Giuseppe “Pino” Morroni died February 11, 1999. “Who is Pino Morroni?”, you may ask. He was probably the most well-known, yet never heard about, person in the cycling community. Eddy Merckx knew him, so did Greg LeMond and Andrew Hampsten. Francesco Moser, Felice Gimondi and Gianni Bugno knew him as well. They knew him because his inventions and ideas helped carry all of them to their greatest victories.
Why did Pino Morroni suddenly come back to my attention? Well, it’s because Tandem@Hobbes contributor Dave Porter of Porter Custom Bicycles in Albuquerque, New Mexico thought readers might be interested in knowing a bit more about Pino, noting Dave came into possession of Pino Morroni’s two tandem jigs a number of years ago.
If you followed the link to Cycling Utah’s April ’99 article above, you should have learned a little bit more about Pino, I say a little because even the more detailed articles can’t capture the extent of his impact on cycling technology, as many of his inventions aren’t necessarily attributed to him. Sadly, Pino never had the resources or inclination to secure the patents needed to protect his intellectual property.
A far-more detailed article on Pino Morroni was written by Russell Howe entitled, Cycling’s Mad Scientist and published at the Bicycle Trader back in the 1990’s. Out of respect for Russell Howe’s copyrights and those of the Bicycle Trader I’ll refrain from doing an extensive re-quote of the article and, instead, suggest interested readers go to the site where I found the quoted article posted by a contributor to the Chained Revolution forums: Pino Morroni articles from the web. Note that the aforementioned article from Cycling Utah is also included.
It’s also noteworthy that Russell Howe apparently drew on the relationship he developed with Pino when researching the Cycling’s Mad Scientist as well as some of the material when he wrote an obituary for Pino after his passing in February 1999 that you can find HERE.
Classic Rendezvous also has a page dedicated to Pino Morroni that includes several interesting photos of Pino and some of his inventions. A photo of Pino at a velodrome watching a world champion team conducting trials on one of Pino’s prototype track tandems was included in the photos that appears below. Be sure to read the recollections of David Patrick linked off of the CR Web page as well.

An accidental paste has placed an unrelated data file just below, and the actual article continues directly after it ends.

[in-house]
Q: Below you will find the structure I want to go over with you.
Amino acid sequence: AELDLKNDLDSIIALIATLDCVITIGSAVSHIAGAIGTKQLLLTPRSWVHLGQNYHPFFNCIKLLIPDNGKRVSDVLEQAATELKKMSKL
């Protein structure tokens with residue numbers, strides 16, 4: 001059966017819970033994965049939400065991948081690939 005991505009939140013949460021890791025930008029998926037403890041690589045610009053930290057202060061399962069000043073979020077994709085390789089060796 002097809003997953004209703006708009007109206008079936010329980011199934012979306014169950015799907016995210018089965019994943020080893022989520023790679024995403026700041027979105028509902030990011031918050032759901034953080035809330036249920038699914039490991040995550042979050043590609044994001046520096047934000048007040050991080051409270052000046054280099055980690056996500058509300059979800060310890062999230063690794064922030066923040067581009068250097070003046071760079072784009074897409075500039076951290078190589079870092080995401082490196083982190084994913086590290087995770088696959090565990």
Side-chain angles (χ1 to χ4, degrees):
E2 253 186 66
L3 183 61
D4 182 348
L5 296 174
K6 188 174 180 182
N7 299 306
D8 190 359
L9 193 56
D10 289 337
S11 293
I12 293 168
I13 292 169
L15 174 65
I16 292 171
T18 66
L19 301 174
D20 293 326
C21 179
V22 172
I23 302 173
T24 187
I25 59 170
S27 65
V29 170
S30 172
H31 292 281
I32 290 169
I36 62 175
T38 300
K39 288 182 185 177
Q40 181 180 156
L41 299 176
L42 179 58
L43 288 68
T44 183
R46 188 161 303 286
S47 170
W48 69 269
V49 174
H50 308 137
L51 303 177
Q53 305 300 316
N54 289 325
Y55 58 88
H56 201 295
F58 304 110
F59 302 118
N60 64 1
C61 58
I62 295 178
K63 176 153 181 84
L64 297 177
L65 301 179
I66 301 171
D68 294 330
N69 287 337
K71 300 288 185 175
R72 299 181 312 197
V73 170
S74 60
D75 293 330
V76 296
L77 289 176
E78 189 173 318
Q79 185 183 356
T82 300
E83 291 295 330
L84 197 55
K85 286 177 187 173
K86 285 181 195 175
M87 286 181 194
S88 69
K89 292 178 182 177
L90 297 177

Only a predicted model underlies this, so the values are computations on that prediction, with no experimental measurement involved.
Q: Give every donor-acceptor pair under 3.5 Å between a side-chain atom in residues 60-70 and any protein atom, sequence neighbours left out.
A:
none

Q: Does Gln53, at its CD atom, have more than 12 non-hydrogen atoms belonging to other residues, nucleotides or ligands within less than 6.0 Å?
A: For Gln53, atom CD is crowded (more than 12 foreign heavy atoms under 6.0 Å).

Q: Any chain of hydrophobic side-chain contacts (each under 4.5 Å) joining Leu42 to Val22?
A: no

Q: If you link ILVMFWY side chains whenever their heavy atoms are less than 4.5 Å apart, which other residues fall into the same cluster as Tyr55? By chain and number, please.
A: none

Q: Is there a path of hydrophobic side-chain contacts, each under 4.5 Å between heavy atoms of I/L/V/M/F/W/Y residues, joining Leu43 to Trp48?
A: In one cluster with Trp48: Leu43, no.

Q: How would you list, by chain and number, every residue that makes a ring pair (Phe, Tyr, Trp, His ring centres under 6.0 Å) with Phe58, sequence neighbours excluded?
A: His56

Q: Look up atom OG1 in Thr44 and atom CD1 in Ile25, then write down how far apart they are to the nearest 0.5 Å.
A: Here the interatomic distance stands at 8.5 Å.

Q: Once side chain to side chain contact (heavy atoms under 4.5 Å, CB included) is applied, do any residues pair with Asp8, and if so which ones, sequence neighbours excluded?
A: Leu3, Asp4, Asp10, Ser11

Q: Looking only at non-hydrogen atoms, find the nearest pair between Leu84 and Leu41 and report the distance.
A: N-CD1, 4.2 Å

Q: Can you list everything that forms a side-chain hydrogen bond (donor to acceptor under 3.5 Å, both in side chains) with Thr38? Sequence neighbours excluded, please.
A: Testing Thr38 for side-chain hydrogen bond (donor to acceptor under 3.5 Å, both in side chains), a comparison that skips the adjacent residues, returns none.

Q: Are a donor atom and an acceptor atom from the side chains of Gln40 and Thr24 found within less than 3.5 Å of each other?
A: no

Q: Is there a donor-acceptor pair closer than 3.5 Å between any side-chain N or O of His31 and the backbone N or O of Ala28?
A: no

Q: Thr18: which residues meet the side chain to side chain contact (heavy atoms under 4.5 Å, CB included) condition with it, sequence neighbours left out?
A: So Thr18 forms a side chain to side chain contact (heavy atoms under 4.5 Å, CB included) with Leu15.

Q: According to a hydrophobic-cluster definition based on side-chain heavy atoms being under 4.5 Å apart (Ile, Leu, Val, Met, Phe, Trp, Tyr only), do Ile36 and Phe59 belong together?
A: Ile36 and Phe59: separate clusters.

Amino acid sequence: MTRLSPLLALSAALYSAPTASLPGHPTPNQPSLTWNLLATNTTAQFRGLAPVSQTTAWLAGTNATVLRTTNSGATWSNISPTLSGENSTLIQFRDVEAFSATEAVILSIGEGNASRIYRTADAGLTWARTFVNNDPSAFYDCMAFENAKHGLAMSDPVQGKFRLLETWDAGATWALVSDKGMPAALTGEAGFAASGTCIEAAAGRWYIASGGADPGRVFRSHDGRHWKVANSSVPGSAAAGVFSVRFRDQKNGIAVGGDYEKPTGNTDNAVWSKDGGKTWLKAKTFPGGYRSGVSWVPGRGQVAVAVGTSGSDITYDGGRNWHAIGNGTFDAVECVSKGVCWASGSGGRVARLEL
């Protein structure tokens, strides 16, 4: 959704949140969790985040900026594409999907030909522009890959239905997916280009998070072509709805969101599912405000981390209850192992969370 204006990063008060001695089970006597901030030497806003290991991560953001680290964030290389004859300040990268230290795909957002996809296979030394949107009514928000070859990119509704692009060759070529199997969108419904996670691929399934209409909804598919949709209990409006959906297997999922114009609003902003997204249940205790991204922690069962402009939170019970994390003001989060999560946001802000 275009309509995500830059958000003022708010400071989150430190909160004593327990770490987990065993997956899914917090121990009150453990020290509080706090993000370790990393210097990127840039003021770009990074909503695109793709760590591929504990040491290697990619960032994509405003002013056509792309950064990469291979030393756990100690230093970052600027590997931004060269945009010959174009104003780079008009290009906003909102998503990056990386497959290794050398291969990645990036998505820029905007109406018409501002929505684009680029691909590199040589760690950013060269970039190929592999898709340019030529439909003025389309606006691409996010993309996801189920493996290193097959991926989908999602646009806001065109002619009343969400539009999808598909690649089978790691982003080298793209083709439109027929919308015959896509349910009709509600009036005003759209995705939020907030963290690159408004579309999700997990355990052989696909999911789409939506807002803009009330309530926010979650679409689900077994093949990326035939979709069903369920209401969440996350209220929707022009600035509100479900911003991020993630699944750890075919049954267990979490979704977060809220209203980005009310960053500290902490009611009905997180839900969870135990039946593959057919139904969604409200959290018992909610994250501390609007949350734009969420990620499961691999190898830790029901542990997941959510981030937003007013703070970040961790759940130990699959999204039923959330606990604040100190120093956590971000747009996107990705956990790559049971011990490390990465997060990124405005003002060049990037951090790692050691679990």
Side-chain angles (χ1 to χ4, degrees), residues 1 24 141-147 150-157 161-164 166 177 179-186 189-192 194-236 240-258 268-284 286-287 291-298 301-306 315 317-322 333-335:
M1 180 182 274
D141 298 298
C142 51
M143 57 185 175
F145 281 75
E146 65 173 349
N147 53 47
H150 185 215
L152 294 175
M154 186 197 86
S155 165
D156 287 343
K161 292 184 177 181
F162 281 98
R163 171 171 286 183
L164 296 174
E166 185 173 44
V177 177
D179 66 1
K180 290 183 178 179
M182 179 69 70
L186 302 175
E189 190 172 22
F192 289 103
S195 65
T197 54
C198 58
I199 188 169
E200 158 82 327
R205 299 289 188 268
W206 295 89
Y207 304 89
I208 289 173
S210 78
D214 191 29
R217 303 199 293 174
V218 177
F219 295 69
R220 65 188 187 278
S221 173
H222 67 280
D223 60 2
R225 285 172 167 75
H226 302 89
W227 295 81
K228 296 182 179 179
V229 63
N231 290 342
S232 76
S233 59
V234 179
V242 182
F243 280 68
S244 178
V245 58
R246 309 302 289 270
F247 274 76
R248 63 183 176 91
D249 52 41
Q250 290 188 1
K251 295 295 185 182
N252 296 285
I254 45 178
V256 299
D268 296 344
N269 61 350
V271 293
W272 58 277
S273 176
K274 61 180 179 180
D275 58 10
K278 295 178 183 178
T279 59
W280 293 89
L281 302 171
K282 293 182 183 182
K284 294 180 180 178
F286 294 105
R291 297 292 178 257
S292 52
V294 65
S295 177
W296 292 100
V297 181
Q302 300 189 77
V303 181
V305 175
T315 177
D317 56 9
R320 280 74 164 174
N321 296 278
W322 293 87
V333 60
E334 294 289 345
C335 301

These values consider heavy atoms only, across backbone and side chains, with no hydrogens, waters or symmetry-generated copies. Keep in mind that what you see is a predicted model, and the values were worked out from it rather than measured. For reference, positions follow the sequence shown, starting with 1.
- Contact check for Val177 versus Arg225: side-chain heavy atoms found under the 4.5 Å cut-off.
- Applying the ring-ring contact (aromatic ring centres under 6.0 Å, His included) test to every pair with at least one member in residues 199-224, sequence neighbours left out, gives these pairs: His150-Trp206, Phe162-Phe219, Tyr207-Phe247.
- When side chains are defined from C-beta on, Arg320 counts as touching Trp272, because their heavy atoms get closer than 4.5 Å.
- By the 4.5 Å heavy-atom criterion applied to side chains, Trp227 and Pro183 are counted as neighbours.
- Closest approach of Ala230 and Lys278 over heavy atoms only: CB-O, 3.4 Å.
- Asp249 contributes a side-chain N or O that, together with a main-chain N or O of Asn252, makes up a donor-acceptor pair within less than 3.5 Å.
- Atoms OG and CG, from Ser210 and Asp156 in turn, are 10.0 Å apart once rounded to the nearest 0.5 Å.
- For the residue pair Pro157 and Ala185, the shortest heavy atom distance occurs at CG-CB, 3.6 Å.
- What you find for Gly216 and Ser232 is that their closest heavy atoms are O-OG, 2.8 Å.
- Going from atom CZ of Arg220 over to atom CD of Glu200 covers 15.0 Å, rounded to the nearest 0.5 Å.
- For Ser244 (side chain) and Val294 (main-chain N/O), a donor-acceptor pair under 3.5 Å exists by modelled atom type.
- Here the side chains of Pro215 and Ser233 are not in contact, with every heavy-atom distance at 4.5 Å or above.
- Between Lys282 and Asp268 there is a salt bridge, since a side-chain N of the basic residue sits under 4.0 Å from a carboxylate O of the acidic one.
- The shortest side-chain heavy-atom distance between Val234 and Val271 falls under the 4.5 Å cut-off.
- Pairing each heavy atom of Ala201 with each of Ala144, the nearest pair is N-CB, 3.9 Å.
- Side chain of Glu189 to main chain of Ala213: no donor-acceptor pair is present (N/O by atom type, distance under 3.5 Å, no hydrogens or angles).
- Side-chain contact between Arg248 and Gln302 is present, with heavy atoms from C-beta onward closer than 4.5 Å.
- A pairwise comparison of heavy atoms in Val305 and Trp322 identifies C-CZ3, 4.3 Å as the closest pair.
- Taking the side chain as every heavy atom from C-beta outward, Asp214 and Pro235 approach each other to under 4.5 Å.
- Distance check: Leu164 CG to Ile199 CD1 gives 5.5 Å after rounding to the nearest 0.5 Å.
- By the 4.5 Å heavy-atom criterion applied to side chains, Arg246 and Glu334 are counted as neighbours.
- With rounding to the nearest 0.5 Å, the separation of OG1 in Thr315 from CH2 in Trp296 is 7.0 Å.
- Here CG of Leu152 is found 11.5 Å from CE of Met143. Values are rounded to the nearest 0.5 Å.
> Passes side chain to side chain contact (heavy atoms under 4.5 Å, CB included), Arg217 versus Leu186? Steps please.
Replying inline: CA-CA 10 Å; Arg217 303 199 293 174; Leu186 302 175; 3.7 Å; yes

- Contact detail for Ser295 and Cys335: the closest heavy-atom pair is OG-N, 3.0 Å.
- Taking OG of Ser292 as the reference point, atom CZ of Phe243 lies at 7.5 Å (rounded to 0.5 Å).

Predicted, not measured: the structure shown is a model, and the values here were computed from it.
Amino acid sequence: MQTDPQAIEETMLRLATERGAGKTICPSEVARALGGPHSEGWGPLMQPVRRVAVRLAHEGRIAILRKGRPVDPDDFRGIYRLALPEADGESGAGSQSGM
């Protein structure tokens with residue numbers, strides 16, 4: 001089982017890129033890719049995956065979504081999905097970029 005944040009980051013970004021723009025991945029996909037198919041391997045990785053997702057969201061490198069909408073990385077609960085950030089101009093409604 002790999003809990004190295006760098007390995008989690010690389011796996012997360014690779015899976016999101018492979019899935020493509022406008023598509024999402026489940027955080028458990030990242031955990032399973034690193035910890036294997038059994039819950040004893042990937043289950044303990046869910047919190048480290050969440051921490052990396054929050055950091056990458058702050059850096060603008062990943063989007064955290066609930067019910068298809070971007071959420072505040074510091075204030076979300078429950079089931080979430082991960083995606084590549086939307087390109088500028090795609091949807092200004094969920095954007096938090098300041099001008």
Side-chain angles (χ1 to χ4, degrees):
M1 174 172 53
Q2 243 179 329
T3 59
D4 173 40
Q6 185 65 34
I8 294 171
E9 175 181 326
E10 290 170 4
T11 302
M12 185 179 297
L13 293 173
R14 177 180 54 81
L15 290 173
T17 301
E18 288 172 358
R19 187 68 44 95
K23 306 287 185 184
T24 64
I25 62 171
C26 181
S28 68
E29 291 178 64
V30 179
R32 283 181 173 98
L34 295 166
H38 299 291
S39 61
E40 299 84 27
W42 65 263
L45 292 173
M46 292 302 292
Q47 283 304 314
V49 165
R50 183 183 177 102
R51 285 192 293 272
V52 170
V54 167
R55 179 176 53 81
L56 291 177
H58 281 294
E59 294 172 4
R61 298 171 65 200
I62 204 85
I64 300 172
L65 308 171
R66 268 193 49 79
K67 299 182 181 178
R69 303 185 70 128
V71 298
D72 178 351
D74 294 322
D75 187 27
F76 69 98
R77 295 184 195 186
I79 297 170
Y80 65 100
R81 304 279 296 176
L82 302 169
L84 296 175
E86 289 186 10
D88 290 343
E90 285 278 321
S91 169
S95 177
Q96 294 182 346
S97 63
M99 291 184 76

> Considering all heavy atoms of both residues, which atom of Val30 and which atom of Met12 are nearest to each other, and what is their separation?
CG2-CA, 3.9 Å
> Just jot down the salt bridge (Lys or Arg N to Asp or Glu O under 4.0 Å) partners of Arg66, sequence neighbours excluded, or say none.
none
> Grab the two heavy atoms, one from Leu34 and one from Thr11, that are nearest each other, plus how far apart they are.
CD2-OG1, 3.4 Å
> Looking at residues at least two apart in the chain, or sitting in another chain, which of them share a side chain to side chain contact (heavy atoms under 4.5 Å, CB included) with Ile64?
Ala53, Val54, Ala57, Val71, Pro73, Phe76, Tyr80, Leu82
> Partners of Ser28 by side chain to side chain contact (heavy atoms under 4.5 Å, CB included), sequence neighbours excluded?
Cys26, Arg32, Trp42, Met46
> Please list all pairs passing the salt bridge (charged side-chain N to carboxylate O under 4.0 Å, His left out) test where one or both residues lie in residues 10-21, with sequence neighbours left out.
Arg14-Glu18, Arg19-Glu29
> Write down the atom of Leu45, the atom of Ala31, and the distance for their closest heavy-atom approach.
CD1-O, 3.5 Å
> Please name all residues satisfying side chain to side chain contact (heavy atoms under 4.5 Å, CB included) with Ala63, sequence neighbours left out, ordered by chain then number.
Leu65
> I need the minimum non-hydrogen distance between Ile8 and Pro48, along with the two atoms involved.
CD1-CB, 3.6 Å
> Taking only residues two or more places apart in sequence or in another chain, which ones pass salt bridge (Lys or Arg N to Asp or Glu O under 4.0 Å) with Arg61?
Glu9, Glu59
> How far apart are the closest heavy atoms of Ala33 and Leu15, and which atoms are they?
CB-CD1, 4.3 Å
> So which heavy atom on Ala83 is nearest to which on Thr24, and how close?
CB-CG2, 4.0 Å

Dave recently used one of the jigs for a recent tandem project that he chronicled at his own Blog, which you can find HERE. Dave’s blog is an interesting read with many photos to illustrate the build process and show the flexibility of Pino’s jig design. Dave’s tandem design is equally interesting and, by most standards, unconventional… which was true for many of Pino’s component and frame designs.
Getting back to the jigs, I asked Dave how he came to know Pino and, more specifically, to own several of his jig. Dave shared the following with me back on Memorial Day:
Pino and I became friends in the 80’s when I was helping John Frey attempt the world amateur Hour record, which we briefly held. Pino you may recall made the titanium bits for Eddy Merckx’s Hour bike.
Pino gave me his personal single jig in the 80’s as he thought the one I had was of poor design. After Pino passed I contacted his wife, Janet, and purchased the remaining jigs that were in his garage. The tandem jig is really pretty neat, as it’s a beam style jig as opposed to plate style. It can be used for single frames or tandems. Though they are old they still allow me to use round, OS, or multi-shape tubes to build frames. I just thought they were a testament to Pino’s genius that was never recognized during his life.
Dave also wrote a blog entry entitled “Using a Pino Morroni Frame Jig” that included another extensive photo gallery along with his narrative that describes the use of the single-bike jig Pino gave to Dave back in the 1980’s on a recent single bike project that illustrates many of the features unique to the Morroni jig design.